The included photographs are not of the highest quality but that is not a thing that can be attributed to the publisher, the source material photographs are just not that good to start with. However, they do provide a good idea of how a Tiger Ausf. B Wanne and Turmgehäuse are put together at either Krupp or D.H.H.V.

This chapter is also the first indication of what access to the Central Archive of the Ministry of Defense of the Russian Federation means, as it ends the part on Wanne and Turmgehäuse manufacture with some detail on the activities of Skoda in this regard.

Now the book moves towards the companies of Henschel und Sohn and Wagonfabrik Wegmann, which is where the final assembly of chassis and turret was done. The level of detail in which assembly is described varies, for instance, the installation of the road wheel axles includes data on how the tension was attained as required, where other components, an engine for instance, as only said to be installed with no further information on how that was done. Good info is given on the various sub-contractors that completed components such as road wheels, accelerator and starter rods or hatch covers. This is split up in those for the chassis and those for the turret assembly.
Turret assembly includes a description of the installation of the Kw.K 43, which were delivered completely ready from D.H.H.V. or Franz Garny Beteiligungsgesellschaft GmbH. & Co. Machining of the turret ring, race and inner diameter is described including the tools used.
The chapter ends with an overview of the contracted Tiger Ausf. B, the actually delivered numbers, both for complete vehicles and the chassis and turrets. The impact of the bombings on Friedrich Krupp, Essen, Henschel und Sohn and the cities of Dortmund and Kassel is touched upon, though superficially.

The last part of the chapter gives data that the Red Army captured which is different from that published, in the west I assume, regarding the planned production up to August 1945.

A drawing of one of the first 12 produced Tiger Ausf. B is included in the chapter. 
The 3rd chapter deals with Tiger Ausf. B description. 
In 54 pages the Tiger Ausf. B is detailed. And detailed it is, the level to which it is described is nothing short of impressive.

The chapter starts out with the mundane data of external measurements, the weight of the tank and the various armour plate thicknesses and angles, and how these are joined together where they meet.

After this,  some more details about the forward driver’s and radio operator’s compartment follows, providing a good description of the basics there.
Then it gets really, really, really real. As Alexander Volgin moves to the Maybach OLVAR OG 40 12 16B gearbox, 4 and a half pages are dedicated to this component in a level of detail that I have not read before, truly impressive to read. Any questions one can have about the gearbox are well answered here, as it includes the component internal description as well as how it was used.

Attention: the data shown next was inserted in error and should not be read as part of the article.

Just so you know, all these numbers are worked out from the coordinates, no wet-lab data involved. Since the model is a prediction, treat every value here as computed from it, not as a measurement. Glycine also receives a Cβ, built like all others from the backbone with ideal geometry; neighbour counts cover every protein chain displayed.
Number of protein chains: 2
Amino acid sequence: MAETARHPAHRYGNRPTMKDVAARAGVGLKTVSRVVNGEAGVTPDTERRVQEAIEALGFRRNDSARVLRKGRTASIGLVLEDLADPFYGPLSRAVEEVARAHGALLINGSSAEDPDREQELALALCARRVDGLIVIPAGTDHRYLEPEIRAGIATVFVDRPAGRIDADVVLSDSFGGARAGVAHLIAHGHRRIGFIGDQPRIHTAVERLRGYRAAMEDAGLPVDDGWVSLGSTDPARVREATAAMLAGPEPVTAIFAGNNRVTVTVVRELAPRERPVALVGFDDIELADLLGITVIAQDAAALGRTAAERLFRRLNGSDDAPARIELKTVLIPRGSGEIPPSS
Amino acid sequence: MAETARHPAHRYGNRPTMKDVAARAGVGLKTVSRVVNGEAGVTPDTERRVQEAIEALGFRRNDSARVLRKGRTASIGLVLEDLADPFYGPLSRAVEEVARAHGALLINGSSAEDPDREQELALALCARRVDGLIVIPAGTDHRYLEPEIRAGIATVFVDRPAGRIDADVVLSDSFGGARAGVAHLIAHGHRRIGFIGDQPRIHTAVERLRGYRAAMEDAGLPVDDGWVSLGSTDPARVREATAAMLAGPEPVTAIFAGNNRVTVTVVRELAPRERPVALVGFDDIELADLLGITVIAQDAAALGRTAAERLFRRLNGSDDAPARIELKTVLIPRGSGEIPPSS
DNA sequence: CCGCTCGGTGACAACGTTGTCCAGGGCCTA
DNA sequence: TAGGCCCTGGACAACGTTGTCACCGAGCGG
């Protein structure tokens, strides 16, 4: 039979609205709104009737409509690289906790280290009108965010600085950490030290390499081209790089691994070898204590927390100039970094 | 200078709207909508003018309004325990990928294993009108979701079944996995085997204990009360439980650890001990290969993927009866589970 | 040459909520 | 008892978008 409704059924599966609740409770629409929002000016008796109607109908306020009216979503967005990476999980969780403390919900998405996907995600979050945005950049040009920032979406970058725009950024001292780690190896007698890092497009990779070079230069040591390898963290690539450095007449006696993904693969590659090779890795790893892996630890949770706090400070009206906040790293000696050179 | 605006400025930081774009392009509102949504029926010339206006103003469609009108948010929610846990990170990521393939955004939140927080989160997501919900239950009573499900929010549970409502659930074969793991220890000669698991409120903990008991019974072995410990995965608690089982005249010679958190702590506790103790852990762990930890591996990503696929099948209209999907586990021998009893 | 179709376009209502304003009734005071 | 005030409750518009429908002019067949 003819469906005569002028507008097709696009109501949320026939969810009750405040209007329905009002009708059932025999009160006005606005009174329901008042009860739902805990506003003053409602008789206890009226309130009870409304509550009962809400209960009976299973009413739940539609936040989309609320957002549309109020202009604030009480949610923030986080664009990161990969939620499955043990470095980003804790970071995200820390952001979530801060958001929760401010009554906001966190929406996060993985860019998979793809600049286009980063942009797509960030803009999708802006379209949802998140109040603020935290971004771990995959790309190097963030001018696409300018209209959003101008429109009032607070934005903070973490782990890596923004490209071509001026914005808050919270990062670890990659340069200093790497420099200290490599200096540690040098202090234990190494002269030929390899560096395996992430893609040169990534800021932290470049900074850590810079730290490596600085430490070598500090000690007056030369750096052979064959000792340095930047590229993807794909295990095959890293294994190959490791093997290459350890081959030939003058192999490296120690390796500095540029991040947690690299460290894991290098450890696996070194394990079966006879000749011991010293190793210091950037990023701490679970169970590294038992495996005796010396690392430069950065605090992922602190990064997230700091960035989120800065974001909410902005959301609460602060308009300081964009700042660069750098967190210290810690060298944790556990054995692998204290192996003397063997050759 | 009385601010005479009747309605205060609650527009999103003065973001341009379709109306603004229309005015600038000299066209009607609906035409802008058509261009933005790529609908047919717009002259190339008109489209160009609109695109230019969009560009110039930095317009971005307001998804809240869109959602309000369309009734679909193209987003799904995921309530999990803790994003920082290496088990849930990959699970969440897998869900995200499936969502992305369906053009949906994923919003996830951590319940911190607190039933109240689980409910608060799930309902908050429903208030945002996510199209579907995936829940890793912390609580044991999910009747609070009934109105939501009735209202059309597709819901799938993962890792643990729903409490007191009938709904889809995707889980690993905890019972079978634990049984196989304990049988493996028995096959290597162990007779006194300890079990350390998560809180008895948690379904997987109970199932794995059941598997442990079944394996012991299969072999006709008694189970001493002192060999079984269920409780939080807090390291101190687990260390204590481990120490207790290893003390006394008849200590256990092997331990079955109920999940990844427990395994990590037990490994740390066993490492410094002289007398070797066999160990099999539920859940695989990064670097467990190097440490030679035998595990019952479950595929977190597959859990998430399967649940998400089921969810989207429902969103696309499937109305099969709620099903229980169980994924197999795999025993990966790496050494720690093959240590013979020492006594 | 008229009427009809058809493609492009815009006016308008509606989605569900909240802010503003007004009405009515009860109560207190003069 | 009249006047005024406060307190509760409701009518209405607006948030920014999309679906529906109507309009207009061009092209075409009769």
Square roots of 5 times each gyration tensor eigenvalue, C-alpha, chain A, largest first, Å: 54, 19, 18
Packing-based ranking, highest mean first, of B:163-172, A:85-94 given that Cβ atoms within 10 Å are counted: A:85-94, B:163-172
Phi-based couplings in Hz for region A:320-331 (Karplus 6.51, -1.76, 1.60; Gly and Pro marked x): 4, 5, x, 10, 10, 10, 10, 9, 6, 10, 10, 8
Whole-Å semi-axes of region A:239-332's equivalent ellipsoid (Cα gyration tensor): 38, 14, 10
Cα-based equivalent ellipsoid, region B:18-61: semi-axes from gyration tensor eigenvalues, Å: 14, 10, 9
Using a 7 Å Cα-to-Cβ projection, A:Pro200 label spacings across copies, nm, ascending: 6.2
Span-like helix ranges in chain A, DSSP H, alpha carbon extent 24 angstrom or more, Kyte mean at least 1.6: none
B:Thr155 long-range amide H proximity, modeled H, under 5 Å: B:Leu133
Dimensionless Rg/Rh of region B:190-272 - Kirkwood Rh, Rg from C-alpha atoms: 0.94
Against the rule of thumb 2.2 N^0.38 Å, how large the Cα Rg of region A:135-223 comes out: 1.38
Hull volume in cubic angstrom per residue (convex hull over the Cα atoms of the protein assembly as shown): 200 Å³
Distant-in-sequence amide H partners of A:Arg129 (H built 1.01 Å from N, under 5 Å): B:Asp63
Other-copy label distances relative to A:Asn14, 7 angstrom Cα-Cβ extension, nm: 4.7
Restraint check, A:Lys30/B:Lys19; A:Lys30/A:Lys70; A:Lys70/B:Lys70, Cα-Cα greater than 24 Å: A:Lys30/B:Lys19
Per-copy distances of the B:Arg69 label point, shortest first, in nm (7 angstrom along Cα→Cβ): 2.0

The L801 steering unit is next. Here Alexander used the same approach and it is a joy to read such an exhaustive description. As on the gearbox, here too numerous drawings are included. These also include conclusions from Russian field trials of the Tiger Ausf. B which is a great added insight. Apart from cold data, the opinion of an opponent examining the tank gives a nice alternate view.
Suffice to say the level of attention to a thorough description and detailing is continued throughout the chapter. Driver’s seat, instrument panel, other items in his workspace and next up the radio operator’s workplace is handled, in the same way.
The chapter takes a logic trip through the hull as the fighting compartment is next, arriving at the engine compartment as the last stop in the hull. Loads of details, really, loads, things you’d not even thought of that might be interesting are there and dazzle you with how much is included.

A lot is detailed about the air filters on top of the carburettors of the Maybach HL 230 P 30 engine. 
Fuel tank system is treated equally. 
Automatic fire extinguishing system 
And the book arrives at the turret. It should be noted that in this section the book details the Serienturm, so turret number 51 and later. There is a short bit about the Initial Turm, pages 110 to 112, dealing mostly with remarks on the ergonomics.
Here too, the description of the various components is combined with relevant remarks from Russian trial reports. This includes, for instance, a good bit about the dead zones of the cupola periscopes. Also, it includes data on the ammunition fired by the Kw.K 43 L/71 88 mm gun with period drawings on these rounds.
The last sections of the Tiger Ausf. B detailed are the running gear, wheels, torsion bars and the covers, while also detailing the installations used for the 2 variants of Panzerbefehlswagen Tiger Ausf. B, the Sd.Kfz. 267 and 268 and the chapter closes with the external equipment stowage.
Chapter 4. Adjustments during the production
This chapter deals with the various design modifications during the production of the Tiger Ausf. B. Starting with the very first one, Fgst. Nr. V1 that text sums up the changes introduced during the time the tank was being assembled.